- Parks, Avenues and Groves, and community gardens, orchards and woodlands/forests and biodiverse grounds with improved soils – some managed for particular yields/outcomes others naturalising or wild;
- cleaner and safer air, soil, water and cycling and pedestrian routes, and
- mutually beneficial social enterprises.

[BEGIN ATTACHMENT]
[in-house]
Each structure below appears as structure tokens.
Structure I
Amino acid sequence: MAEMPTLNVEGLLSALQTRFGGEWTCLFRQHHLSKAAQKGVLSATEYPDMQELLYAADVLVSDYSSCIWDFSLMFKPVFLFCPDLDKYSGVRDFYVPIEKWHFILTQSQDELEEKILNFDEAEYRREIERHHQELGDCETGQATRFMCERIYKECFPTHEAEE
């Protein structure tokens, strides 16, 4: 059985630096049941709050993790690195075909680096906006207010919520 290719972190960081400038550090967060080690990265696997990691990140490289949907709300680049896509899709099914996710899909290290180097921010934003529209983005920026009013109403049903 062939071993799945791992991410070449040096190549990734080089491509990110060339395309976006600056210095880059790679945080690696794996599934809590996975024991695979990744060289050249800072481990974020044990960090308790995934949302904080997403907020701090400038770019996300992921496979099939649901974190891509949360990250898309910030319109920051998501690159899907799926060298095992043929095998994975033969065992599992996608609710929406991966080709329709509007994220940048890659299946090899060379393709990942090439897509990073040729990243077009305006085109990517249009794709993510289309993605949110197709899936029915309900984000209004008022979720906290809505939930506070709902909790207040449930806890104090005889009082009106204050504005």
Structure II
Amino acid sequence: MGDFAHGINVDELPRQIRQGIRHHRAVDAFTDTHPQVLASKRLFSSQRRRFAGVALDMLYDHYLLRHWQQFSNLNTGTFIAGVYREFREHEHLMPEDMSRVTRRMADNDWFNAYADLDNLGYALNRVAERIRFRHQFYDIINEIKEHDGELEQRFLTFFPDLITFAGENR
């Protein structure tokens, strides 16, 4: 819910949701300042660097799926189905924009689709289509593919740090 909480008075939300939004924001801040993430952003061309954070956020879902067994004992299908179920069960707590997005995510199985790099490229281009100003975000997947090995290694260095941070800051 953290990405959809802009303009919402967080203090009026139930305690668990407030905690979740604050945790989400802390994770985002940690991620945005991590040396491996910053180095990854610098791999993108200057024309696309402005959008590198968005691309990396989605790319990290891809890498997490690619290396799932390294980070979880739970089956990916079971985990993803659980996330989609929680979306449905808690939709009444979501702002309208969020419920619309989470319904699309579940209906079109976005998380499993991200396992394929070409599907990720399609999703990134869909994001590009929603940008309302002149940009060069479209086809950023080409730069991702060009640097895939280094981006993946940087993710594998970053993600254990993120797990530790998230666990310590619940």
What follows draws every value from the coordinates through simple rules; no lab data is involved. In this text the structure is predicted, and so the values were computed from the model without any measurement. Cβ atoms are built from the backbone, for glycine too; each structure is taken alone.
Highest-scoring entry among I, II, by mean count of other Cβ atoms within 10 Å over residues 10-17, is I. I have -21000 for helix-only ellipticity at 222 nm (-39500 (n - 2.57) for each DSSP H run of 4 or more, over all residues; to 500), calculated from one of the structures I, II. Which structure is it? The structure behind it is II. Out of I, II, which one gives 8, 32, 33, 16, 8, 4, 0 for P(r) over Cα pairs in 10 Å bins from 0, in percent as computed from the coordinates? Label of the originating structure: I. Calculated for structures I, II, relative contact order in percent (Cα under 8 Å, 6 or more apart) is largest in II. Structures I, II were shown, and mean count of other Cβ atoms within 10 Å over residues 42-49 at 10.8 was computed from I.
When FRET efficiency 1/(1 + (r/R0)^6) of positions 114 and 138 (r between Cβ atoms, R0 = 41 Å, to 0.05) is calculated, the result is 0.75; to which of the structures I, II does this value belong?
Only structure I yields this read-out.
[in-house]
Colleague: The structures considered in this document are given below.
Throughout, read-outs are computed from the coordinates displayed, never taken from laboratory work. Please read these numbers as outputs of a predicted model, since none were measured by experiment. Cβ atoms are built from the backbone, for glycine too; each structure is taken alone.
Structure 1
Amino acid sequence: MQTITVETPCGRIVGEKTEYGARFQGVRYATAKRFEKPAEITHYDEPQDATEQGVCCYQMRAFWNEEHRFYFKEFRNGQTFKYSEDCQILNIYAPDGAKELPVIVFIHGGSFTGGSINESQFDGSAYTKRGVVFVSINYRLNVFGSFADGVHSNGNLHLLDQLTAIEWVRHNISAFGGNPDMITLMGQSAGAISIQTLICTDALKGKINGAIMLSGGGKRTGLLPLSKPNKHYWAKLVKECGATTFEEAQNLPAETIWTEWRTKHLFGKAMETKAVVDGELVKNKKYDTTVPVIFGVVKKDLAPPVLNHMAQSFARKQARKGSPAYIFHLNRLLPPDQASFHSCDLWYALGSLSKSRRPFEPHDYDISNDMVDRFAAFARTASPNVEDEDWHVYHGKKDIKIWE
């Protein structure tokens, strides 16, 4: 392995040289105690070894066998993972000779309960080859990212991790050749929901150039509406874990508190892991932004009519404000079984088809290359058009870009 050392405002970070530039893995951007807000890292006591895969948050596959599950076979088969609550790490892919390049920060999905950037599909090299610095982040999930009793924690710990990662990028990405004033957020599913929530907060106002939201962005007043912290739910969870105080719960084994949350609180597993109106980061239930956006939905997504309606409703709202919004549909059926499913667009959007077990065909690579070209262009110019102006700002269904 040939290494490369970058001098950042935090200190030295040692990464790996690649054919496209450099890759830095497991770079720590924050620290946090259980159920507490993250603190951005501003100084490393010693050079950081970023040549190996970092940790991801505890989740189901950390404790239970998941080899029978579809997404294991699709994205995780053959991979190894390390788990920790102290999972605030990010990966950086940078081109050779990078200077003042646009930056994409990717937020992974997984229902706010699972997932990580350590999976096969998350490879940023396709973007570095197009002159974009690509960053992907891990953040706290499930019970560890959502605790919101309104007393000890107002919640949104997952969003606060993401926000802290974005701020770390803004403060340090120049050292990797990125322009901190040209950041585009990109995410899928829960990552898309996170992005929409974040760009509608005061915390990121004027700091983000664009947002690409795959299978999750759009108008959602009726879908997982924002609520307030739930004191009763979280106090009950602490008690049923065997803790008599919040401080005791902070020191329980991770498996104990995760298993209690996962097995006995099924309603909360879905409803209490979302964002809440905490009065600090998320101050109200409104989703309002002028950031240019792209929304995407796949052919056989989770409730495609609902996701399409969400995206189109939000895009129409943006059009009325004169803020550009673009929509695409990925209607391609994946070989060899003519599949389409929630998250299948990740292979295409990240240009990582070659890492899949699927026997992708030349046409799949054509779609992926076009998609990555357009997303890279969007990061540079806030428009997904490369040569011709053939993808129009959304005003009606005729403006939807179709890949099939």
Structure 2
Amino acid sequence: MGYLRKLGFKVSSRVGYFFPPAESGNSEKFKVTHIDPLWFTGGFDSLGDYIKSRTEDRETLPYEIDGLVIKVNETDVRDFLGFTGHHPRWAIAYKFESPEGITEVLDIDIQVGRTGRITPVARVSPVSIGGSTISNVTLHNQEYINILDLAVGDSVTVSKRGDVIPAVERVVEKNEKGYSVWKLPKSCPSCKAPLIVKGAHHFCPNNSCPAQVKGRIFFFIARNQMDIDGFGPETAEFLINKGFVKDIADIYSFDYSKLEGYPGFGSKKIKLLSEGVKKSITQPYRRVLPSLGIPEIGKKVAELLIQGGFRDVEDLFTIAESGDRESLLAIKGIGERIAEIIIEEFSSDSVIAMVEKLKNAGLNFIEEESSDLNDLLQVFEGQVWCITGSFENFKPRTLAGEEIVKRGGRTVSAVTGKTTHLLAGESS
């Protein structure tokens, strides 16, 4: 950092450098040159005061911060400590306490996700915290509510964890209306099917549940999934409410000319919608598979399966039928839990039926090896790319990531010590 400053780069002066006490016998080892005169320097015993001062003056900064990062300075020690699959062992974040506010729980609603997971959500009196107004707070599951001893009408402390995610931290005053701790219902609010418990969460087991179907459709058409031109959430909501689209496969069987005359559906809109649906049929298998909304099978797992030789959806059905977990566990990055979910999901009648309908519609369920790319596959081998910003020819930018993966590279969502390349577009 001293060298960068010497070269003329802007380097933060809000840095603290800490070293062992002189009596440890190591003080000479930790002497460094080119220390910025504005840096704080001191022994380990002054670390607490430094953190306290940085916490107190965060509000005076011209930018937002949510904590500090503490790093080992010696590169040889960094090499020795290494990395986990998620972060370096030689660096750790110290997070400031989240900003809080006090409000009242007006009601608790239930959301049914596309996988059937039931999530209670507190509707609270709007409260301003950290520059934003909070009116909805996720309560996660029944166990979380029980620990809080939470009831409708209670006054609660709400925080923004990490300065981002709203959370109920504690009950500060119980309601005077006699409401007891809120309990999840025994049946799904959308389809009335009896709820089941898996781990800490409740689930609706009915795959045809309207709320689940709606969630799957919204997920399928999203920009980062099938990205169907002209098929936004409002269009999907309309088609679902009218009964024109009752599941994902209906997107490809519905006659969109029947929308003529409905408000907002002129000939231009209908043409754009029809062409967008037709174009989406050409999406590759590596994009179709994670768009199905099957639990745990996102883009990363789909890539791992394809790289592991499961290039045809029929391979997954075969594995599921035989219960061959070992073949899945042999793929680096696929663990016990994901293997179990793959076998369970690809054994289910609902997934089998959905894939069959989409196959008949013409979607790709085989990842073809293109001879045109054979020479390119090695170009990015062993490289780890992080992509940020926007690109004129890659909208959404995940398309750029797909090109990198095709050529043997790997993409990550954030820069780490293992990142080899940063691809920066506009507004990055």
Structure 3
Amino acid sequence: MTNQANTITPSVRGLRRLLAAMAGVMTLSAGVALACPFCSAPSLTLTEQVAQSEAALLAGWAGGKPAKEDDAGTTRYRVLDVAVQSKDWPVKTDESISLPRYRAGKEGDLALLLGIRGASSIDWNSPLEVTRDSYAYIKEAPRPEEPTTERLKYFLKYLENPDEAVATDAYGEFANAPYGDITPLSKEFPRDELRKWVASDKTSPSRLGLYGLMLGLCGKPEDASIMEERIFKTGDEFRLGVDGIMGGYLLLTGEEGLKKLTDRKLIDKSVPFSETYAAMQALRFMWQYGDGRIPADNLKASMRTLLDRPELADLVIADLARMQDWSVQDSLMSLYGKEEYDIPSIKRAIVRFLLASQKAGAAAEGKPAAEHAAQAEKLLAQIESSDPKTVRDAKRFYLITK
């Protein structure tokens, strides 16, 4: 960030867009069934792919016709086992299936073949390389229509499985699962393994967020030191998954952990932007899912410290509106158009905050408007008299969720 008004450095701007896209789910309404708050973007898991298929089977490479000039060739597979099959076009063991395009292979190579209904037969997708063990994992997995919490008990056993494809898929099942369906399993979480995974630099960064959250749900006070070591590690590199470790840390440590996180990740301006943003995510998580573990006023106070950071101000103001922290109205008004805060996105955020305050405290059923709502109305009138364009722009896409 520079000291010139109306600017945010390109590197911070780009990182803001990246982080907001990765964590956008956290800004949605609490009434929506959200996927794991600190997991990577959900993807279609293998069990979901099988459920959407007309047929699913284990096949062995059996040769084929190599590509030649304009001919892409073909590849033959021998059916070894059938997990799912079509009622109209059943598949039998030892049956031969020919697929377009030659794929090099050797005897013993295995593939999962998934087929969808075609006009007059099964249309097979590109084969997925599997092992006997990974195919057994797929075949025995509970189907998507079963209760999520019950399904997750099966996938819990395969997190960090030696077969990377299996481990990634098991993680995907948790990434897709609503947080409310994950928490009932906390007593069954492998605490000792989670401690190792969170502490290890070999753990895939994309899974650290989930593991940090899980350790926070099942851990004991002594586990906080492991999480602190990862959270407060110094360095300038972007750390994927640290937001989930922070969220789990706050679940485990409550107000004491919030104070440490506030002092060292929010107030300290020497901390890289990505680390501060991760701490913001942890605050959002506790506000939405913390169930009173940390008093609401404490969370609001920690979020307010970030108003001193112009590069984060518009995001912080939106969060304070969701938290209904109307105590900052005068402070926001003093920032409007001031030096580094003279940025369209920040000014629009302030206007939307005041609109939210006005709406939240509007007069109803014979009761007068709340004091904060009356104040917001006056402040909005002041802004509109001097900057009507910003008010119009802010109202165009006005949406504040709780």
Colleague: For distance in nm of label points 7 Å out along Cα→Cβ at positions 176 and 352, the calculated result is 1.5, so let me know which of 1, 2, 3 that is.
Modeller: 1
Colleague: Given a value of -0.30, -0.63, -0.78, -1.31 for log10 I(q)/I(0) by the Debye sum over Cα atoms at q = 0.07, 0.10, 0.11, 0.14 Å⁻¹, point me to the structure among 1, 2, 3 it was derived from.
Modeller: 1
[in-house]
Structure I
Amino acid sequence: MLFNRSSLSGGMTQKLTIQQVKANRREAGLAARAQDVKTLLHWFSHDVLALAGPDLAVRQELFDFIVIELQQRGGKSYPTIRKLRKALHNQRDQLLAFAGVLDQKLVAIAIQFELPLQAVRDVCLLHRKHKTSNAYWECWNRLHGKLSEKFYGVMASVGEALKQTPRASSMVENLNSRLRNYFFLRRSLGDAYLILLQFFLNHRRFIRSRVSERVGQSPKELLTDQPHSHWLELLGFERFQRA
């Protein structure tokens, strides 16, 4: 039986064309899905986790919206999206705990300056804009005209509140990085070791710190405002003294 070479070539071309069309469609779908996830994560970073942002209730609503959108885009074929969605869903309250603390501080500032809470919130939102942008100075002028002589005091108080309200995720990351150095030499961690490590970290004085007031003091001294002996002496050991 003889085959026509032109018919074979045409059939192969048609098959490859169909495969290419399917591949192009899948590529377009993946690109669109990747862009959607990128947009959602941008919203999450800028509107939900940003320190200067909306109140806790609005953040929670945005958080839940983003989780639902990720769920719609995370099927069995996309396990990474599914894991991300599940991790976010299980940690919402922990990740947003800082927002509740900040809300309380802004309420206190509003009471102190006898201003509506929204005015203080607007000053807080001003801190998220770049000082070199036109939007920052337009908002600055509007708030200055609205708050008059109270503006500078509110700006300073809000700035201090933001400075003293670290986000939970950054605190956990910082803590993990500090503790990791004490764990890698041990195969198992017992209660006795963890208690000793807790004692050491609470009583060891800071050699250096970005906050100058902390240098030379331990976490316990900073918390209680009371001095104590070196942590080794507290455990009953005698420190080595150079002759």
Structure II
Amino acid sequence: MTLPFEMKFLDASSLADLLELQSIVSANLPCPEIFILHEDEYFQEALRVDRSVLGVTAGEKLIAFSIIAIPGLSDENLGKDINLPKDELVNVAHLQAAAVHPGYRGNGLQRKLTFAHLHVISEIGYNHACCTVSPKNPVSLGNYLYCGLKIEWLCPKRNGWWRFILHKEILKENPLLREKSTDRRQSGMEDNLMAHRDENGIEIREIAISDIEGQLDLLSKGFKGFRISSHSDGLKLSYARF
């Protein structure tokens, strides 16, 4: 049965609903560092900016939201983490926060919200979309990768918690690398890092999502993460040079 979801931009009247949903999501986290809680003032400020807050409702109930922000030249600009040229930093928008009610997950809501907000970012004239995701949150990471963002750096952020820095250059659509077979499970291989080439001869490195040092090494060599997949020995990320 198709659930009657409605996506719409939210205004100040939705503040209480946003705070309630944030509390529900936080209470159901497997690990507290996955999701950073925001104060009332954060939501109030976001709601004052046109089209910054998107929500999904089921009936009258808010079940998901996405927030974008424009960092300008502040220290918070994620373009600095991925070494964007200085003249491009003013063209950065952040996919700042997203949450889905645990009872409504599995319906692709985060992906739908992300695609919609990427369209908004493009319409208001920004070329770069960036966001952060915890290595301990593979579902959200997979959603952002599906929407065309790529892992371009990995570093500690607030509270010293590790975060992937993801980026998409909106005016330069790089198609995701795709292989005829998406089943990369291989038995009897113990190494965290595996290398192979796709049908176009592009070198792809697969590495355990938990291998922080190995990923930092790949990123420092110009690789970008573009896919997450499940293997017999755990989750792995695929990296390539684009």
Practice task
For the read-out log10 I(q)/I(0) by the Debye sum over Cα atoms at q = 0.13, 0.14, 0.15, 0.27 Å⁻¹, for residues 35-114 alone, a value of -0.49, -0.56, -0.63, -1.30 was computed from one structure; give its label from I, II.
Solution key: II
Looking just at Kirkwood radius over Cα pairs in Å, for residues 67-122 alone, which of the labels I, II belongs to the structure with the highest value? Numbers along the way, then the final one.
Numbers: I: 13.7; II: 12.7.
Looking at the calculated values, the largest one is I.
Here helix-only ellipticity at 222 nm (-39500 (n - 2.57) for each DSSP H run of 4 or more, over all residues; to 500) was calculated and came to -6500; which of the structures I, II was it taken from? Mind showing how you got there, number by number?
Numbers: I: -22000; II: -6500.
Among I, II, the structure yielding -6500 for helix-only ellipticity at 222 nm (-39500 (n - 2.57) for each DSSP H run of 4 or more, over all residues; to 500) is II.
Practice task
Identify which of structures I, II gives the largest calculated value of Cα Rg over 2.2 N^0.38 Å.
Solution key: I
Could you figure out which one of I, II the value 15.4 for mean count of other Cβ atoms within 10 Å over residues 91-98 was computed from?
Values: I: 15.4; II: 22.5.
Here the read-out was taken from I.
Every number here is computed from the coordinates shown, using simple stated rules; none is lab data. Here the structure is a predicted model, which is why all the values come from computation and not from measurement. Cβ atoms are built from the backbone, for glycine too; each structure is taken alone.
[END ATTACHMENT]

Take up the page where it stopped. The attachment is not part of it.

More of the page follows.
Lost habitats, resource depletion and global warming and its associated extremes increase the need for all kinds of resilience. We can’t predict much about how these climate changes will come about nor crises in supplies, but permaculture’s practical approach, careful observation and natural system designs can help prevent or prepare for floods and other consequences of climate change, energy transitions and “all aspects of creating a sustainable future” (http://xa.yimg.com/kq/groups/Oct Leeds PDC.pdf). ‘Future Scenarios’ (Holmgren, 2009) shows permaculture’s particular potential after peak oil and cheap fossil fuels. The inevitable ’Transition’ or ‘Energy Descent’ may take different paths with or without nuclear energy and collapses/crashes. Permaculture could be applied in the different scenarios and can be used in countering pollution, erosion and desertification and response to crises. It often emerges in the toughest of places and hardest of times eg: http://www.permacultureglobal.com/Marda-permaculture-farm, Palestine